Other mistake: After the shoot out at night the American forces are faced with a group of hostile locals, and the team are told to pull out and get in the vehicles. As they drive off we see a back shot of them sitting on the back of the one of the vehicles, but on the right hand side you can see a backpack and part of an American soldier, did they just leave him?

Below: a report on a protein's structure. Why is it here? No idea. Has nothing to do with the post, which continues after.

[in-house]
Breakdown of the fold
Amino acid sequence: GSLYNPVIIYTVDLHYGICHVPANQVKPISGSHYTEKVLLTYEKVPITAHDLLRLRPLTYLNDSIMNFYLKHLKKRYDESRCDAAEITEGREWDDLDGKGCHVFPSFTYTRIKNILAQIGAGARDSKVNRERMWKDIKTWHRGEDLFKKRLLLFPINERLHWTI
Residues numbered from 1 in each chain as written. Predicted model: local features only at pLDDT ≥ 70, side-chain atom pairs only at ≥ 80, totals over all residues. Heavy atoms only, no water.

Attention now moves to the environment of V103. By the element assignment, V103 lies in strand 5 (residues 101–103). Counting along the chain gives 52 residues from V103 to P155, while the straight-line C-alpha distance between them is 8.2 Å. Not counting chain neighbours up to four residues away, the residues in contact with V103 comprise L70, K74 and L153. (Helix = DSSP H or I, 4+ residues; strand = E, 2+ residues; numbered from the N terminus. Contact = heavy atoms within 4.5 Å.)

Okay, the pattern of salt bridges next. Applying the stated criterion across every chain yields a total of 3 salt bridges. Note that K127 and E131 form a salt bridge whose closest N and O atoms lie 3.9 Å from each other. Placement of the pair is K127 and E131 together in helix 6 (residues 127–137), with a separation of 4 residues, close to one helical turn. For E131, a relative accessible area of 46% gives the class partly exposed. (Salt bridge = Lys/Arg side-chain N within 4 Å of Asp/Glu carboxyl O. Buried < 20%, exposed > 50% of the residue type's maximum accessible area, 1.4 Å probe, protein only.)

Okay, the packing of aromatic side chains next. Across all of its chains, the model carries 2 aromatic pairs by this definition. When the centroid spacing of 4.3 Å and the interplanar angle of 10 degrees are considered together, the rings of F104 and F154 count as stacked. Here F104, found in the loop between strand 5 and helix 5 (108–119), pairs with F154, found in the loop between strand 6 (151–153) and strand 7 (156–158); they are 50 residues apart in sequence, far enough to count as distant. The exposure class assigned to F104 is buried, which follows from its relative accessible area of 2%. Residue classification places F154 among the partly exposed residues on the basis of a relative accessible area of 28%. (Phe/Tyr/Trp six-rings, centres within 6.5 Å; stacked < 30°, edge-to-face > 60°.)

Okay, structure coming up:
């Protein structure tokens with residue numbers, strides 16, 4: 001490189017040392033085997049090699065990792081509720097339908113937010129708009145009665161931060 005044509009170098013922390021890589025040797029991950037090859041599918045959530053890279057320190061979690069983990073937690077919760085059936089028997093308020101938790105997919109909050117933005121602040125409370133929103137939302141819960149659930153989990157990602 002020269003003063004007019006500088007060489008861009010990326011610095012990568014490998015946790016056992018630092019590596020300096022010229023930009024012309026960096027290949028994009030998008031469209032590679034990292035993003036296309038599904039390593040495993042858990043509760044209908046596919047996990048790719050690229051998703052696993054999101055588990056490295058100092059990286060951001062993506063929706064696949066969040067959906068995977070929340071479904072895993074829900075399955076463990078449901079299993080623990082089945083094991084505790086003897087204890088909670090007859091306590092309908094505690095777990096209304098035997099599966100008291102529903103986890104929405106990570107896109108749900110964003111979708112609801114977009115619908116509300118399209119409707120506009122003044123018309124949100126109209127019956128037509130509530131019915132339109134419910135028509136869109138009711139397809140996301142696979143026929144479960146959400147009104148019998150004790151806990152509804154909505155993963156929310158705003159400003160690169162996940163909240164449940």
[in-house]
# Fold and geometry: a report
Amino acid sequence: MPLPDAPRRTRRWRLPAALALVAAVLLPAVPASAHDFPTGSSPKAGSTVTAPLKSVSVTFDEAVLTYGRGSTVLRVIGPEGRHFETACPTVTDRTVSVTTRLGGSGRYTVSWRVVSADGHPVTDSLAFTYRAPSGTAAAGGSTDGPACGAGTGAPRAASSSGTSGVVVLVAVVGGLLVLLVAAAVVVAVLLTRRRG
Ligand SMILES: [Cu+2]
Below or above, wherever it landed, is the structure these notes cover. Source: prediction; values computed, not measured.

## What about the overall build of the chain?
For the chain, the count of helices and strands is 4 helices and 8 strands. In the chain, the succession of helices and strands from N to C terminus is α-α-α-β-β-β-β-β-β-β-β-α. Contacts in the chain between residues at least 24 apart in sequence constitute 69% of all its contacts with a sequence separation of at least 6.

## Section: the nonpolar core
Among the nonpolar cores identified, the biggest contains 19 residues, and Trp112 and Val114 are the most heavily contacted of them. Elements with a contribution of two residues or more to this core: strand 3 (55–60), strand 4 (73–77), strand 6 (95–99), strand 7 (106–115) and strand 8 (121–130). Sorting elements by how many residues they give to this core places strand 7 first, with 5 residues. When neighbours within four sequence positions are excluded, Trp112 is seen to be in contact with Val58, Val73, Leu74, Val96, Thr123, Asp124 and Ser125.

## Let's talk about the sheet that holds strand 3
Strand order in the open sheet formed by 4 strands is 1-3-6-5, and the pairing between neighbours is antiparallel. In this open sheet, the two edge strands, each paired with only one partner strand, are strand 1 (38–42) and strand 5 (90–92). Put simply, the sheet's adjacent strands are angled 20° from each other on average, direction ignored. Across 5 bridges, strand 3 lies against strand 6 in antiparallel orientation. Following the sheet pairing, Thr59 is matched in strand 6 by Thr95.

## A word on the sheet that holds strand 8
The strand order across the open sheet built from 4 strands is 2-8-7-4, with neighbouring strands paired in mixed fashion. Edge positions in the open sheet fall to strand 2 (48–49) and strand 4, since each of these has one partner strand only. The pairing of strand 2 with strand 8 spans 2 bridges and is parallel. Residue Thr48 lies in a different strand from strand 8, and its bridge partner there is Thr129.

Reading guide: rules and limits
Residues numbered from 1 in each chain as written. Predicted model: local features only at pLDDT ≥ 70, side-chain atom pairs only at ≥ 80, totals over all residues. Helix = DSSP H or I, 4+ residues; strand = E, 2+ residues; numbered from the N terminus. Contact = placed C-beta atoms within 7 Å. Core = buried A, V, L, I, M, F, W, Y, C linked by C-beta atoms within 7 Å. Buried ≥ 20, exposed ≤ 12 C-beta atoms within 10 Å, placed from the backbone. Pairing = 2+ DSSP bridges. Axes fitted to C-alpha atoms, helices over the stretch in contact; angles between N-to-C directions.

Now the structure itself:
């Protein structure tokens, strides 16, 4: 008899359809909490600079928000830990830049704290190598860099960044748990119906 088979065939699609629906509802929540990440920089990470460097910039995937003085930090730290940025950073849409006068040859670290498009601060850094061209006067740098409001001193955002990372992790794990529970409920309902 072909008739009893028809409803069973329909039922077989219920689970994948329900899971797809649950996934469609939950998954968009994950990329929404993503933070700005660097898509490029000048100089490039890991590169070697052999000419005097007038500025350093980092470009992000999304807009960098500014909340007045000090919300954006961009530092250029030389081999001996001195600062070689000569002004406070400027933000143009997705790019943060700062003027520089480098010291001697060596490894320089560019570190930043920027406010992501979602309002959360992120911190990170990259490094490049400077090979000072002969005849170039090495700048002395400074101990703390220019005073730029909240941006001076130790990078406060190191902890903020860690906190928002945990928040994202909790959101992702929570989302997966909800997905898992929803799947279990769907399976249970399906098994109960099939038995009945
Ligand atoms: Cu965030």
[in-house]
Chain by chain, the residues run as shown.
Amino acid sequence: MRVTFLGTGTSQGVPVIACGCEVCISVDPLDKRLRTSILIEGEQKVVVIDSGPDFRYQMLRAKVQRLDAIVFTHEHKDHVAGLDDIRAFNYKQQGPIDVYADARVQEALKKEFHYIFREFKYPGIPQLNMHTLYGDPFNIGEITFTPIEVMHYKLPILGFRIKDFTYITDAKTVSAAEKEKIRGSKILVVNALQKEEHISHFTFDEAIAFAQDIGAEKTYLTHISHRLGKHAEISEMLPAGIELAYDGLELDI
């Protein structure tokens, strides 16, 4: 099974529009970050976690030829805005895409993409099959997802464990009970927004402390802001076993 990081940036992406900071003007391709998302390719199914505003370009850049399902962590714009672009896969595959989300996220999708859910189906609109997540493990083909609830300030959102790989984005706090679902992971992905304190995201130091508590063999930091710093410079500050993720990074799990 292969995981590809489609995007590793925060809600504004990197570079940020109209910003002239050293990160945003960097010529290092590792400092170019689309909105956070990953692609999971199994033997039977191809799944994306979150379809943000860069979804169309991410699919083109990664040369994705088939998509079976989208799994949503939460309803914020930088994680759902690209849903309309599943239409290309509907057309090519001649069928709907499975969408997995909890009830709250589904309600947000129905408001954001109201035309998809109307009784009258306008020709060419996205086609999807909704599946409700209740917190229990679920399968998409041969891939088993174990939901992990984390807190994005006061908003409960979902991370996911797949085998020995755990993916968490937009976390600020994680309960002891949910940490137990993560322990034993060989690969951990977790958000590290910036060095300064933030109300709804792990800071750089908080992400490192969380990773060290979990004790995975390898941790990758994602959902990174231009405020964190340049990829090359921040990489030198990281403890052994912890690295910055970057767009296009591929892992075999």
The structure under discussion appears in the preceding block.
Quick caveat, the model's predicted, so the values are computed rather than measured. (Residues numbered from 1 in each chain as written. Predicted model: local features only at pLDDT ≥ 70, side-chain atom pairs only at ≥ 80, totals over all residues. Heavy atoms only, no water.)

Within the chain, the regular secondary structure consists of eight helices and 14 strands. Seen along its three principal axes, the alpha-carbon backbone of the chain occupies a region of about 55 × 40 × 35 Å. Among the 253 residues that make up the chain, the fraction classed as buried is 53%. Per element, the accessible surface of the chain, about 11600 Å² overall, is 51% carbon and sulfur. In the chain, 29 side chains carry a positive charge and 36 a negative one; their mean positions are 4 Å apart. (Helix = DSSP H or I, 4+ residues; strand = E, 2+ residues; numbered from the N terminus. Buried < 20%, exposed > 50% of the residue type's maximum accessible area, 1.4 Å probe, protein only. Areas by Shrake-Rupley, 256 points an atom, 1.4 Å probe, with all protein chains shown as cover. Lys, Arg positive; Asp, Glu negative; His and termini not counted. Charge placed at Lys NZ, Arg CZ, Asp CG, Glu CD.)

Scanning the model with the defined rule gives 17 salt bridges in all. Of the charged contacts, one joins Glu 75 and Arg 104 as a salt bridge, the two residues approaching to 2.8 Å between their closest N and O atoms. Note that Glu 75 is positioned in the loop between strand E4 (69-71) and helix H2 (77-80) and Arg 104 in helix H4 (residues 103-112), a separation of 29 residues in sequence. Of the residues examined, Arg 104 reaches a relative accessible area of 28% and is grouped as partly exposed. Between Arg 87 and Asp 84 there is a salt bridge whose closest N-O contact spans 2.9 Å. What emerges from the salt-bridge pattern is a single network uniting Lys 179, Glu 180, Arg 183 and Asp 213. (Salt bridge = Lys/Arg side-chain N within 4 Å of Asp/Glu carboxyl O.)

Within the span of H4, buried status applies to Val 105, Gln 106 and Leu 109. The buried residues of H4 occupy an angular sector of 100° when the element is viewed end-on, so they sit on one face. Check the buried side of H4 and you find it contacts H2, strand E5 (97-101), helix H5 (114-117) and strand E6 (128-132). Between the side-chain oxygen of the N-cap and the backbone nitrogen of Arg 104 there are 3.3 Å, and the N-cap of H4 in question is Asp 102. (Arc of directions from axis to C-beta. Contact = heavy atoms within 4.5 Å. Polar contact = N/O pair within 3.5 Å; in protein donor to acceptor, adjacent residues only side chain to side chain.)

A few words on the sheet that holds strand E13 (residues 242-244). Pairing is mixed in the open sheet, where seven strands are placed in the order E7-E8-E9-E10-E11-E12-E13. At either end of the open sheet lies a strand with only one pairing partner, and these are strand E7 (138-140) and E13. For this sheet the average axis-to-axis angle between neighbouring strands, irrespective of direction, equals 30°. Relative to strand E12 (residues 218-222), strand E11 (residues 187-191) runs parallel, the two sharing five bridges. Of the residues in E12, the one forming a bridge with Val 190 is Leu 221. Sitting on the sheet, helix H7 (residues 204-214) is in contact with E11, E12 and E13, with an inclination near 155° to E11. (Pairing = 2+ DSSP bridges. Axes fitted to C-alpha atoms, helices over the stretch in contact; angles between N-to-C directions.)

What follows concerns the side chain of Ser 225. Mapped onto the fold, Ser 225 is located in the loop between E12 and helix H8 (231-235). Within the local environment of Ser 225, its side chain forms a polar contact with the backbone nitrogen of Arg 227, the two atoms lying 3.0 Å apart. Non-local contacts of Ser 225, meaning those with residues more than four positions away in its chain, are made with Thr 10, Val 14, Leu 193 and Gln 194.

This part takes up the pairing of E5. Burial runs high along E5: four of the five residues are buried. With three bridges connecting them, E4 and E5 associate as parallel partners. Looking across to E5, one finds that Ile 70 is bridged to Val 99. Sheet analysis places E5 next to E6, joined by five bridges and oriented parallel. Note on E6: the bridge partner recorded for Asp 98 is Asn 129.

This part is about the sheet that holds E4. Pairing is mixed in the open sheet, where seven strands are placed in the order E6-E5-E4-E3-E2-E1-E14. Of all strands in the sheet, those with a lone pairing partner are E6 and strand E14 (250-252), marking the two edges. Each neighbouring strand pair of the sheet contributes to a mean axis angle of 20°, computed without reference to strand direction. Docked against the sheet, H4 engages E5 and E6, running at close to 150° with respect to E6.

Trivia: Contrary to the heroic figure he's portrayed as being in the film, the real-life Chris Kyle was quite the controversial person. By his own admission, he would ignore rules of engagement and stated that he enjoyed killing people in Iraq and that he wished he would have killed more, even referring to Iraqis as "savages." He also falsely claimed in his book and in subsequent radio/television interviews to have punched-out former Minnesota Governor Jesse Ventura for making disparaging remarks about Navy SEALs at a SEAL reunion in 2006. As a result, Ventura sued Chris Kyle - and later his estate after Kyle's death - and was awarded $1.8 million in damages for defamation of character and unjust enrichment. It was also revealed in May 2016 that Kyle had embellished his military record, claiming in his book to have won two Silver Stars and five Bronze stars, all for valor. In actuality, he had only been awarded one Silver Star and four Bronze Stars. Prior to publishing his book, Navy officials warned him not to include the discrepancy. The Navy concluded its investigation of the matter in July 2016, and reduced his medal count accordingly. Source: http://www.nydailynews.com/news/national/navy-finds-american-sniper-chris-kyle-exaggerated-medal-count-article-1.2705473.
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